Project Bravo receives US$6 million to help El Paso County families

Category: US Border Life
Published: 2021-10-25
Project Bravo receives US$6 million to help El Paso County families

EL PASO – El Paso, Texas nonprofit Project Bravo received US$6 million in funds from the American Rescue Plan Act (ARP) with which low-income families in El Paso County will receive help paying for utilities.

Given the arrival of this resource, the non-profit organization asks the community to come to its facilities to find out about their situation and see how they can receive help.

It is important that those interested come before November 12, since once that date has passed, applications cannot be accepted and what is sought is to guarantee that all requests made during this year can be processed.

Once this is done, people will be able to get the help they need before 2022 begins.

Those interested can go to the website www.projectbravo.org or fill out an application in the blue mailbox located outside any Project Bravo community center.

Once all the documents are available, the request for support is studied and in an average of 2 to 3 weeks the applicant is informed if he was chosen as a beneficiary.

Therefore, a call is made to the inhabitants of the county of El Paso to present their application or to attend to dispel any possible doubts they may have and thus be able to obtain the benefits.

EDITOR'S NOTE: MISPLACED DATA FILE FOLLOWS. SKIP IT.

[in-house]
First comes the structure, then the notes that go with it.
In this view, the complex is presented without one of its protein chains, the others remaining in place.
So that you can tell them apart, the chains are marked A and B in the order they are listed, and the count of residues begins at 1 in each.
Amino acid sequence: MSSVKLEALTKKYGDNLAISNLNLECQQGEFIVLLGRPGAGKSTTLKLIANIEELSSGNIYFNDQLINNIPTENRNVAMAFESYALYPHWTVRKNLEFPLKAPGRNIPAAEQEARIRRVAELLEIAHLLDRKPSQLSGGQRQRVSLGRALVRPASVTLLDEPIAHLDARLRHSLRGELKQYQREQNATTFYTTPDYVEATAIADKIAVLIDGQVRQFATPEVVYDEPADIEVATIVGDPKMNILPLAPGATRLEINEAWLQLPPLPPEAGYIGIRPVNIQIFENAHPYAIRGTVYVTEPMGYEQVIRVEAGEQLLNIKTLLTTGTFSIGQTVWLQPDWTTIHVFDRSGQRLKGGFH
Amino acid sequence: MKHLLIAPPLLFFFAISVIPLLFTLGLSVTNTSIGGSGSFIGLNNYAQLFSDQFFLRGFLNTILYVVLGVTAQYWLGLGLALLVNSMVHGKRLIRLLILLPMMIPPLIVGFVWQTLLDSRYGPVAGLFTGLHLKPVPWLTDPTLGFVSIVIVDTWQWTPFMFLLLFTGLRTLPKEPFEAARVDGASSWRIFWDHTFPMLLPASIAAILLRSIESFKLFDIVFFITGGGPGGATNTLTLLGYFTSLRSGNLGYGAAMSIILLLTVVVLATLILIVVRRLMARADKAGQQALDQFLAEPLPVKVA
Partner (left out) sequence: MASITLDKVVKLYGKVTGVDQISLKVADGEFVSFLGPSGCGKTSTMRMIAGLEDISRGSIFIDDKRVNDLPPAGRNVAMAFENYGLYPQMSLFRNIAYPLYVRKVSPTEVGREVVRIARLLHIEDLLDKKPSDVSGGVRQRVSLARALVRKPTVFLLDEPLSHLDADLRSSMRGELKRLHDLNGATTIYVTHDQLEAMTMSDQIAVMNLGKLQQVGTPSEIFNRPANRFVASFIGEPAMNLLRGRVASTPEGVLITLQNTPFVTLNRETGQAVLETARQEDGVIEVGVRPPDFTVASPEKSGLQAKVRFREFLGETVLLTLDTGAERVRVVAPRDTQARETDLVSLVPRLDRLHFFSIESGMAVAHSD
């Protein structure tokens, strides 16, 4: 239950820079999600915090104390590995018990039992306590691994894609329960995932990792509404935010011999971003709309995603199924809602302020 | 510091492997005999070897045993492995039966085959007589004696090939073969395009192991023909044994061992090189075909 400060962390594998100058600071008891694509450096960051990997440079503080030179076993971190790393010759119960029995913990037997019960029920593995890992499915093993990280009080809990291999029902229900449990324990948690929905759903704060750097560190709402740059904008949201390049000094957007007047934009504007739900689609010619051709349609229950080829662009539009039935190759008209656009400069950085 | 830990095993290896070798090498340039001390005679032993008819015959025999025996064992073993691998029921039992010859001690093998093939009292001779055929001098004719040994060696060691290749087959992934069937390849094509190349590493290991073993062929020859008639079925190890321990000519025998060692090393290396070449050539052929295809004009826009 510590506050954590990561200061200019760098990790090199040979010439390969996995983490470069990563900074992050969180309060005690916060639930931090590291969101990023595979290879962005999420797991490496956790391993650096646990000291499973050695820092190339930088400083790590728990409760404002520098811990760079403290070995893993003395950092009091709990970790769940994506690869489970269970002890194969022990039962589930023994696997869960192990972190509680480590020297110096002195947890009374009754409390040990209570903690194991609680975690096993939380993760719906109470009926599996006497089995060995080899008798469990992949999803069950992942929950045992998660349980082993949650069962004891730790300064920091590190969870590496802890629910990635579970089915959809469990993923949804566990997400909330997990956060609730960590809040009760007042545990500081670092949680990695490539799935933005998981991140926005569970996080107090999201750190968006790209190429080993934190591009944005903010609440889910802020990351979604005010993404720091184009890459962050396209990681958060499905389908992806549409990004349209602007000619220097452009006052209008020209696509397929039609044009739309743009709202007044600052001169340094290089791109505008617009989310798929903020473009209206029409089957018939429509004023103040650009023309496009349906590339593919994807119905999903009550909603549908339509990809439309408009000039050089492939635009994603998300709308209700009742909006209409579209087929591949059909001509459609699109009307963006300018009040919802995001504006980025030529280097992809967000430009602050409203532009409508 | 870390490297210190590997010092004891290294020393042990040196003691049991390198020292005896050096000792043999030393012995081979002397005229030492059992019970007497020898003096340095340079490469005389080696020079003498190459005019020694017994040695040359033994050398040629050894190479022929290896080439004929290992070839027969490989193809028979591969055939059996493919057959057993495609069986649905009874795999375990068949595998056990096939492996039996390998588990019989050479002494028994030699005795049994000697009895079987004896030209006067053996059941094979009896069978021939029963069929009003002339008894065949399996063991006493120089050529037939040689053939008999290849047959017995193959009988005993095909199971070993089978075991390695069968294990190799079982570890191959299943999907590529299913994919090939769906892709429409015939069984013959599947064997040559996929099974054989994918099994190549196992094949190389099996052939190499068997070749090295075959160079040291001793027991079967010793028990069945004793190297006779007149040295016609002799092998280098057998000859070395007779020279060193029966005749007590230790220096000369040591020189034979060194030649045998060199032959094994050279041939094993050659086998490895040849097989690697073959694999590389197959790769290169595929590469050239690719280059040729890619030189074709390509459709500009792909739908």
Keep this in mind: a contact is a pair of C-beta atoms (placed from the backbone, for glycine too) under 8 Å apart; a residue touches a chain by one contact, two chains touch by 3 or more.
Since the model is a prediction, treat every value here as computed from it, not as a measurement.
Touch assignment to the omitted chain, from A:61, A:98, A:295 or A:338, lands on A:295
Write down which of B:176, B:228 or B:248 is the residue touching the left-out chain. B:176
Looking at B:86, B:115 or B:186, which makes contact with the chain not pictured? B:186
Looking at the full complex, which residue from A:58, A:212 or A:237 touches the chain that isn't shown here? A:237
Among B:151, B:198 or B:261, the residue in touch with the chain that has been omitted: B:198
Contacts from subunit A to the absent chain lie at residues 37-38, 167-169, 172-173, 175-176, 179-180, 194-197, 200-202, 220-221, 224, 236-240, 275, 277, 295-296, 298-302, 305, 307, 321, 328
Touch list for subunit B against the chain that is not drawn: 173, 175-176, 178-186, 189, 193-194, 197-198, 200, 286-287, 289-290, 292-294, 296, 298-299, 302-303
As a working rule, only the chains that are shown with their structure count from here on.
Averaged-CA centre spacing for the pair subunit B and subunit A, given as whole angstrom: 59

The aid is to pay for utilities such as: natural gas, propane gas, electricity and water, until the end of 2021 with a maximum household support of $ 1,600 for gas, electricity and up to $ 1,000 for water payments.

All payments are made directly to the utility companies.

Laura Ponce, Executive Director of Project Bravo, said that in the past months $ 4.5 million was spent in Cares Act funds and $ 6.6 million of the 2021 federal allocation for public service assistance was also spent.

“These funds will allow us to meet the demand for services that increased due to the financial impacts of the COVID-19 pandemic that continue to affect our community”, she added.

Esteban Gallegos, a resident of El Paso, commented that before the pandemic he bought a used car because he needed it for his family and he already had a payment plan to avoid financial problems.

“But then the Covid-19 came and I as a construction worker sometimes had a job and sometimes not, so I had to save as much money as possible to pay the car credit, services and food,” he said.

He commented that he will seek the help of Project Bravo, because although he already has a job and can pay for services, car credit and rent, sometimes there are needs that arise such as shoes and school supplies for his children.

BORDERNOW MAGAZINE